Pacific lamprey research and restoration project : annual report 1998 Public Deposited

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  • This document is the 1998 annual progress report for studies of Pacific lampreys (Lampetra tridentata) conducted by the Confederated Tribes of the Umatilla Indian Reservation (CTUIR), Columbia River Inter-Tribal Fish Commission, and University of Minnesota (U of M). Bonneville Power Administration (BPA) funded activities through Project 94-026. The Pacific Lamprey Research and Restoration Project began after completion of a status report of Pacific lamprey in the Columbia River in 1995. The project started as a cooperative effort between the Confederated Tribes of the Umatilla Indian Reservation (CTUIR), Columbia River Inter-Tribal Fish Commission (CRITFC), and Oregon State University (OSU). Lamprey are a valuable subsistence food and cultural resource for Native Americans of the Pacific Northwest. The once abundant Pacific lampreys above Bonneville Dam are currently depressed (Close et al. 1995). Declines in Pacific lampreys have impacted treaty secured fishing opportunities by limiting tribal members catch and access to Pacific lampreys in the interior Columbia basin. Tribal members now harvest lampreys in lower Columbia River locations such as Willamette Falls near Oregon City, Oregon. Pacific lampreys are also an important part of the food web of North Pacific ecosystems, both as predator (Beamish 1980; Pike 1951; Roos and Gillohousin 1973), and prey (Semekula and Larkin 1968; Galbreath 1979; Roffe and Mate 1984; Merrell 1959; Wolf and Jones 1989) and as a vehicle for recruitment of marine nutrients. The decline of Pacific lampreys in the interior Columbia River basin has become a major concern. Effective recovery measures for Pacific lampreys can only be developed after we increase our knowledge of the biology and factors that are limiting the various life history stages. Prior to developing a restoration plan, we have carried out studies to review status, distribution, abundance, homing ability, and stock structure. These studies will culminate in the development and implementation of a restoration plan for the Umatilla River. Multiple pass electrofishing surveys to assess densities and distribution of lamprey larvae in the Umatilla River were conducted in 1998. Electrofishing surveys in the Umatilla River are useful for baseline comparison. Forty-two index sites were sampled from the mouth to river kilometer (RK) 124. Lamprey larvae were found in 4 of the 42 index plots. All sites with larvae were found at and below RK 9.3. Nine larvae were captured during the surveys. However, no larvae were caught on the second pass in each plot. Pacific lamprey larvae and adult lampreys were studied to determine their ability to produce and detect pheromones. Larval gall bladders were removed and gall bladder fluid was extracted and analyzed by high performance liquid chromatography (HPLC). Adult lampreys ability to detect pheromones were tested using electro-olfactogram (EOG) methods. Fifteen compounds including Petromyzonol sulfate (PS), a migratory pheromone found in sea lamprey larvae (Petromyzon marinus) (Li et al. 1995) were tested. Larval lampreys produced large amounts of (PS). Adult Pacific lamprey can detect PS and have an olfactory sensitivity to pheromones that is similar to sea lampreys. iv Pacific lamprey abundance, as indexed by fish ladder counts in 1998, was; Bonneville 37,478; The Dalles 7,665; John Day 12,579; McNary 3,393; Ice Harbor 763; Lower Monumental 69; Little Goose 90; Lower Granite 110; Rock Island 1,410; and Rock Reach 819 dams, respectively. Enumerating Pacific lamprey at counting stations remained extremely problematic, since excessive up- and downstream movement at the counting windows reduces the confidence in fish ladder passage estimates. This may be an indication of passage problems encountered by Pacific lampreys. In-season homing of Pacific lamprey was studied using radio telemetry. Pacific lampery were captured at Willamette Falls and Bonneville Dam, outfitted with radio transmitters and released approximately 26 km downstream of the Willamette River confluence. A total of 50 fish were instrumented. Results will be presented in next year’s report. Natal homing was also investigated using mtDNA analysis of fish captured at Bonneville Dam and from Willamette Falls. These results will also be presented next year. We collected lamprey tissues, from fish captured in several locations throughout the Columbia River Basin, to develop a genetic database for use in determining population structure. Additional samples for populations outside the Columbia River Basin were used to scale the results. Results from this investigation will be presented in next year’s annual report. Since the initiation of the CTUIR lamprey research and restoration project, additional lamprey studies have been proposed that have created uncertainties regarding the prioritization of projects and needs of lampreys. At the request of the Northwest Power Planning Council, a multi-agency Pacific lamprey technical workgroup (TWG) was established in 1996. Annual meetings are held to coordinate projects and prioritize research needs. The TWG identified critical uncertainties and needs to help in determining priorities of ongoing and proposed projects (Appendix A). Finally, an annotated bibliography of relevant lamprey literature was compiled (Appendix B).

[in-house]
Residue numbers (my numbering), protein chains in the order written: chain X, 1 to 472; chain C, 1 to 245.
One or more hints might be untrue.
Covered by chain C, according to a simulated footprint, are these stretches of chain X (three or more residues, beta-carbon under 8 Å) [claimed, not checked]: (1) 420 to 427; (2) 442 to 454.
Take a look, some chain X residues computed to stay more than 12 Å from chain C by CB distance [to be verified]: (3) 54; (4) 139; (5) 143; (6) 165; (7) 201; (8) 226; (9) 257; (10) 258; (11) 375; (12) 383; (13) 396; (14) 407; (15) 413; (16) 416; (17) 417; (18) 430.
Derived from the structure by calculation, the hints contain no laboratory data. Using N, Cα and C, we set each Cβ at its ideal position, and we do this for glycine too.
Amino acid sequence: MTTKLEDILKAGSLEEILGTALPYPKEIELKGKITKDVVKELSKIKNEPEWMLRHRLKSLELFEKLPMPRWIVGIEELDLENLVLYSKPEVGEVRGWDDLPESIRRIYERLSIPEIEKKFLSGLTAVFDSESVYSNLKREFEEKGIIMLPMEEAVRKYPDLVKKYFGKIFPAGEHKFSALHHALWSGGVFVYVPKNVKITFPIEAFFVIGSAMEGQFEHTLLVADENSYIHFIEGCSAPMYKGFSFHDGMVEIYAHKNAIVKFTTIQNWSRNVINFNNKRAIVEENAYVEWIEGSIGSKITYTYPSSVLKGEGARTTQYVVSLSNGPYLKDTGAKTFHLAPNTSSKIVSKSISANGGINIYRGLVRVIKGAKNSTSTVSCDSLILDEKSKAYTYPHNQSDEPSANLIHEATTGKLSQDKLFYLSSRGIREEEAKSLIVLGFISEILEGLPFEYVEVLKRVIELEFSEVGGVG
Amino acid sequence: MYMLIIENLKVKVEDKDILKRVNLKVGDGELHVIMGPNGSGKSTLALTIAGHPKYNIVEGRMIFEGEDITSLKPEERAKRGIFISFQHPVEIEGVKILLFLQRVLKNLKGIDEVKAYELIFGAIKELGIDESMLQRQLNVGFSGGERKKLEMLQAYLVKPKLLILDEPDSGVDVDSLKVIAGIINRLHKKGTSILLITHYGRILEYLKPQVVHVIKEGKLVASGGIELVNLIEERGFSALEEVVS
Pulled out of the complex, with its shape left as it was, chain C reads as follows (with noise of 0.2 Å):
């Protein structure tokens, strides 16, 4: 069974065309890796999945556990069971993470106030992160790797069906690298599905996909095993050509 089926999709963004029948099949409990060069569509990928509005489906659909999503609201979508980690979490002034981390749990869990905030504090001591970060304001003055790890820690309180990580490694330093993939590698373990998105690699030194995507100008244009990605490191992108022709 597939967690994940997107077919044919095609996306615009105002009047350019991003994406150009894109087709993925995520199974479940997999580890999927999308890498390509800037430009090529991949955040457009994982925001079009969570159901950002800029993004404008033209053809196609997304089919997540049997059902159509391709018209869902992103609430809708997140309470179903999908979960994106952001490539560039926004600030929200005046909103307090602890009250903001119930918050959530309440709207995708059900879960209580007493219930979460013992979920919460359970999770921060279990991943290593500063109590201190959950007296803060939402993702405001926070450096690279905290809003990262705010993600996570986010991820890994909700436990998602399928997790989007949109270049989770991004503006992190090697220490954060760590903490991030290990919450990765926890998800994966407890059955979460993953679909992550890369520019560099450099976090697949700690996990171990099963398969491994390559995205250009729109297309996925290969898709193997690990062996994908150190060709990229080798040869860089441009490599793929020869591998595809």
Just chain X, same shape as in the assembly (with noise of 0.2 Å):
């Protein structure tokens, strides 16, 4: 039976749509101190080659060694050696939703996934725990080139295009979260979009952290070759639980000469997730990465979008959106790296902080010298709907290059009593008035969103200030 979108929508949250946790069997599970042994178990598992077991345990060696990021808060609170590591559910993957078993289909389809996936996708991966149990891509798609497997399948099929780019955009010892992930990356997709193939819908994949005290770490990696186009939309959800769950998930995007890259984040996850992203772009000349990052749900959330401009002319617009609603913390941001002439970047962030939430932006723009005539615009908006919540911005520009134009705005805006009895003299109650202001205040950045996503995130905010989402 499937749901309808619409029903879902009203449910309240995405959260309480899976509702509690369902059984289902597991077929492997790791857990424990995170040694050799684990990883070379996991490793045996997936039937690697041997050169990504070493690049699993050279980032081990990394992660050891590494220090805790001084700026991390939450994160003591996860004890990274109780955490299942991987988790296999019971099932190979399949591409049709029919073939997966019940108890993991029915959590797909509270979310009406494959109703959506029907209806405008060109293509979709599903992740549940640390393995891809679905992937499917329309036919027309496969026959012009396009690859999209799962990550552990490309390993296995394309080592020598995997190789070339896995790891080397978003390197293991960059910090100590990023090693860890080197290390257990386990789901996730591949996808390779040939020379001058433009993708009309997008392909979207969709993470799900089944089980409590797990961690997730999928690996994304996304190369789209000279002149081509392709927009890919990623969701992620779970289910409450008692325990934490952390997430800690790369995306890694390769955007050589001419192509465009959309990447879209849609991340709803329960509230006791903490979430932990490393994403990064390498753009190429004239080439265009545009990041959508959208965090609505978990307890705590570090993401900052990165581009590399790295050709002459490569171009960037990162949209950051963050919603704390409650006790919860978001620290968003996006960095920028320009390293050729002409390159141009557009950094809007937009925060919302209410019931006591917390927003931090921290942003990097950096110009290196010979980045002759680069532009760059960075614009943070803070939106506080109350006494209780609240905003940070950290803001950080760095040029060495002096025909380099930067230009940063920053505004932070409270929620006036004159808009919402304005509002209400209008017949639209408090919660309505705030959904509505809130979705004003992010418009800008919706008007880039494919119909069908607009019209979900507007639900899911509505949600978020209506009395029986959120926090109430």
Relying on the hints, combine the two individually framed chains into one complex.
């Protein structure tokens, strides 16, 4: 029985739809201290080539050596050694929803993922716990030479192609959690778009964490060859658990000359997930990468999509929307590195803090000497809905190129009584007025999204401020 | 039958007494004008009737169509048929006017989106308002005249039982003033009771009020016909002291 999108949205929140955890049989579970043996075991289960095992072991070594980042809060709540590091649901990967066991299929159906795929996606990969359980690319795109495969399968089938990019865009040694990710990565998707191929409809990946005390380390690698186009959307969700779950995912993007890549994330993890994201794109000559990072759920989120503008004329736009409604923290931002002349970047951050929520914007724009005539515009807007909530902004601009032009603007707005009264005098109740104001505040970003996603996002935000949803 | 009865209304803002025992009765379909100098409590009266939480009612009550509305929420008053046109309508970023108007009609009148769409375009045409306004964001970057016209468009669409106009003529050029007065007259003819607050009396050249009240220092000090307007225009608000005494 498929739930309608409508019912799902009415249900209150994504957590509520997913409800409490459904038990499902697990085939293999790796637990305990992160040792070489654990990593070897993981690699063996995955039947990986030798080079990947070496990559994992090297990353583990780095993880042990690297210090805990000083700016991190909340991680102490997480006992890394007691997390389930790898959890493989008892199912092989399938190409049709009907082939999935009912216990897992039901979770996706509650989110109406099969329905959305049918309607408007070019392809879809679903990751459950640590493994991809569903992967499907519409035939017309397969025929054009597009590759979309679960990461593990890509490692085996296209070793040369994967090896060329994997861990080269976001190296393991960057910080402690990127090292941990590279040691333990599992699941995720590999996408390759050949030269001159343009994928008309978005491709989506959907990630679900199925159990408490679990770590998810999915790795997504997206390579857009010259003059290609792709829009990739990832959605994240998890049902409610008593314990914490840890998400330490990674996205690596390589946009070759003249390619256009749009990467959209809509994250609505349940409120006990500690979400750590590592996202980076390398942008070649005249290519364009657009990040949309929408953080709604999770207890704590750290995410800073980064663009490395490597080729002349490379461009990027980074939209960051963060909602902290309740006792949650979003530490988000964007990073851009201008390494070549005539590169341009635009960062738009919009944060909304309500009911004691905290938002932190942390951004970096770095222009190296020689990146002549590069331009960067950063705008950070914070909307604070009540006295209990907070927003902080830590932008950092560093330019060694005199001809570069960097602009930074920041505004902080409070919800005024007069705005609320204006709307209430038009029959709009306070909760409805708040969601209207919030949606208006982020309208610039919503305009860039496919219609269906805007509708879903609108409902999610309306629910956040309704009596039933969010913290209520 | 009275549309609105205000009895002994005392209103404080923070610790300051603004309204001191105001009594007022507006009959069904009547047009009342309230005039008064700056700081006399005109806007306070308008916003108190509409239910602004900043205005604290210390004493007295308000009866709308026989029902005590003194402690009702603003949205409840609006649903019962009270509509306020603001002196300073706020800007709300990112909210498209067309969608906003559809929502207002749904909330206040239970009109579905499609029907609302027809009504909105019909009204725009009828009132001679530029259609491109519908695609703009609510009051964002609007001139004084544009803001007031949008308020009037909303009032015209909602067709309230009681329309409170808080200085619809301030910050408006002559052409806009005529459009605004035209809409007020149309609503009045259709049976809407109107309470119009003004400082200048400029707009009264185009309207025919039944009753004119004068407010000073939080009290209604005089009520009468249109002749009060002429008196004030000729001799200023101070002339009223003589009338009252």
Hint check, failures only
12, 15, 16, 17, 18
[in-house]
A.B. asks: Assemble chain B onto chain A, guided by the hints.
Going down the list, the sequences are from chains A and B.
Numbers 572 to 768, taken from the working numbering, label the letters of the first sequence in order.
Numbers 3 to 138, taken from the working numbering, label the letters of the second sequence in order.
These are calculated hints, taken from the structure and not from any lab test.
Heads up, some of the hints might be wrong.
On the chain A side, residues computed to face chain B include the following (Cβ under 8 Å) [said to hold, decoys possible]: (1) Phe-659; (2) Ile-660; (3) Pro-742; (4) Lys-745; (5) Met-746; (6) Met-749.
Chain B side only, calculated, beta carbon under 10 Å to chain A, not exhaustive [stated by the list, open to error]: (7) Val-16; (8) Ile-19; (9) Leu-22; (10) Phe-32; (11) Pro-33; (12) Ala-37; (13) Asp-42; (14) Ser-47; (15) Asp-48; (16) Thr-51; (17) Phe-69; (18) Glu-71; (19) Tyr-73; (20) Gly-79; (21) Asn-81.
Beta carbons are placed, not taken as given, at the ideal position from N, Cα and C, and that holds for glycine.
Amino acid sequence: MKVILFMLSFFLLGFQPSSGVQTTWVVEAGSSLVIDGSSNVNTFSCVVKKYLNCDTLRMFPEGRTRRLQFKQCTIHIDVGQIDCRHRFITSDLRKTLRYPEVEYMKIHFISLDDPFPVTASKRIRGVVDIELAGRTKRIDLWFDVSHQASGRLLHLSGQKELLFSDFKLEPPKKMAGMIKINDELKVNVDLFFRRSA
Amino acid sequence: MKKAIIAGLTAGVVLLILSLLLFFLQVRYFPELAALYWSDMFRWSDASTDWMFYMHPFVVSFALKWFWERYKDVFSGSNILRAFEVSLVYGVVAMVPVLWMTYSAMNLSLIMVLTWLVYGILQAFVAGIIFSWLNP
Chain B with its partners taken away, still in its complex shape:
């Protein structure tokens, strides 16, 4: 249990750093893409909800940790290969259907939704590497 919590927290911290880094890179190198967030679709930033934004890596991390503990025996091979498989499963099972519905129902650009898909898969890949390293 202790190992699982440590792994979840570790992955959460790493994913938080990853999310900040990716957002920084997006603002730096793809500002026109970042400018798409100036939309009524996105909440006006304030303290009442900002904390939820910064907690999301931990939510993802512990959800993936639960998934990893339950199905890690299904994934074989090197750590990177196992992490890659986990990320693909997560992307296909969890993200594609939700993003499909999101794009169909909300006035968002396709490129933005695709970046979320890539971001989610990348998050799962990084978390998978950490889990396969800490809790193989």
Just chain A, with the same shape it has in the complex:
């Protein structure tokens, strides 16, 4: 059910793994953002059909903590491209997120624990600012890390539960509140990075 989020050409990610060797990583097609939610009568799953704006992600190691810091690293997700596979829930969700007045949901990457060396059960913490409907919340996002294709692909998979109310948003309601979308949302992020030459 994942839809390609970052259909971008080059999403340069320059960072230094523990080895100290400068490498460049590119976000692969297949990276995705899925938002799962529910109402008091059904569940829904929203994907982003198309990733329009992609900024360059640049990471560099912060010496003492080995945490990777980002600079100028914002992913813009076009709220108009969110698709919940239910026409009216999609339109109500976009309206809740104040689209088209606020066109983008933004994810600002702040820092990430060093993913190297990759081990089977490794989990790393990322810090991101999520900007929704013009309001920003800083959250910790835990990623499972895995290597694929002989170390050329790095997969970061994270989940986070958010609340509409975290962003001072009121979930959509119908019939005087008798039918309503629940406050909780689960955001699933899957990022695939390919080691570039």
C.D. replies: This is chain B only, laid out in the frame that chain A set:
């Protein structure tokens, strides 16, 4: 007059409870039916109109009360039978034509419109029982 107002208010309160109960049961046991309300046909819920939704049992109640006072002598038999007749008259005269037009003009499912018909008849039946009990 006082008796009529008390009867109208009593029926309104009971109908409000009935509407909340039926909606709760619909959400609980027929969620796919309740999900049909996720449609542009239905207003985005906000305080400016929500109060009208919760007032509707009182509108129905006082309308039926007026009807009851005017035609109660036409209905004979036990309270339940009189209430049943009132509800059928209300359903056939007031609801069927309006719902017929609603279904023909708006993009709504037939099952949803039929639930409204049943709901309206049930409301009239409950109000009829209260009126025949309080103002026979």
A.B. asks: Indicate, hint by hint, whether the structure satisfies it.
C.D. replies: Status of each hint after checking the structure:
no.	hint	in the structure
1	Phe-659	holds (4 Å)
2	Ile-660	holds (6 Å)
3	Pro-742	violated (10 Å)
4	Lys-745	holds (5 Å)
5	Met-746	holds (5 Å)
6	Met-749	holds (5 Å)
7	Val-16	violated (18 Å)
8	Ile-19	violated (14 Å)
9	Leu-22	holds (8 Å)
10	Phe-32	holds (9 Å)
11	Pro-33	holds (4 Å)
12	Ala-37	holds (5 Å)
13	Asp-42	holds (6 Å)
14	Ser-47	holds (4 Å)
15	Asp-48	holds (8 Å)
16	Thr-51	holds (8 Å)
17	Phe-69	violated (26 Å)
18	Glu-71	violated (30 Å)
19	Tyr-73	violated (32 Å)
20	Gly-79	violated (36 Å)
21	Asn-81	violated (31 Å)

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  • Close, David A. - Confederated Tribes of the Umatilla Indian Reservation, Pacific Lamprey Research and Restoration Project, Report to Bonneville Power Administration, Contract No. 00000248-1, Project No. 199402600, 94 electronic pages (BPA Report DOE/BP-00000248-1)
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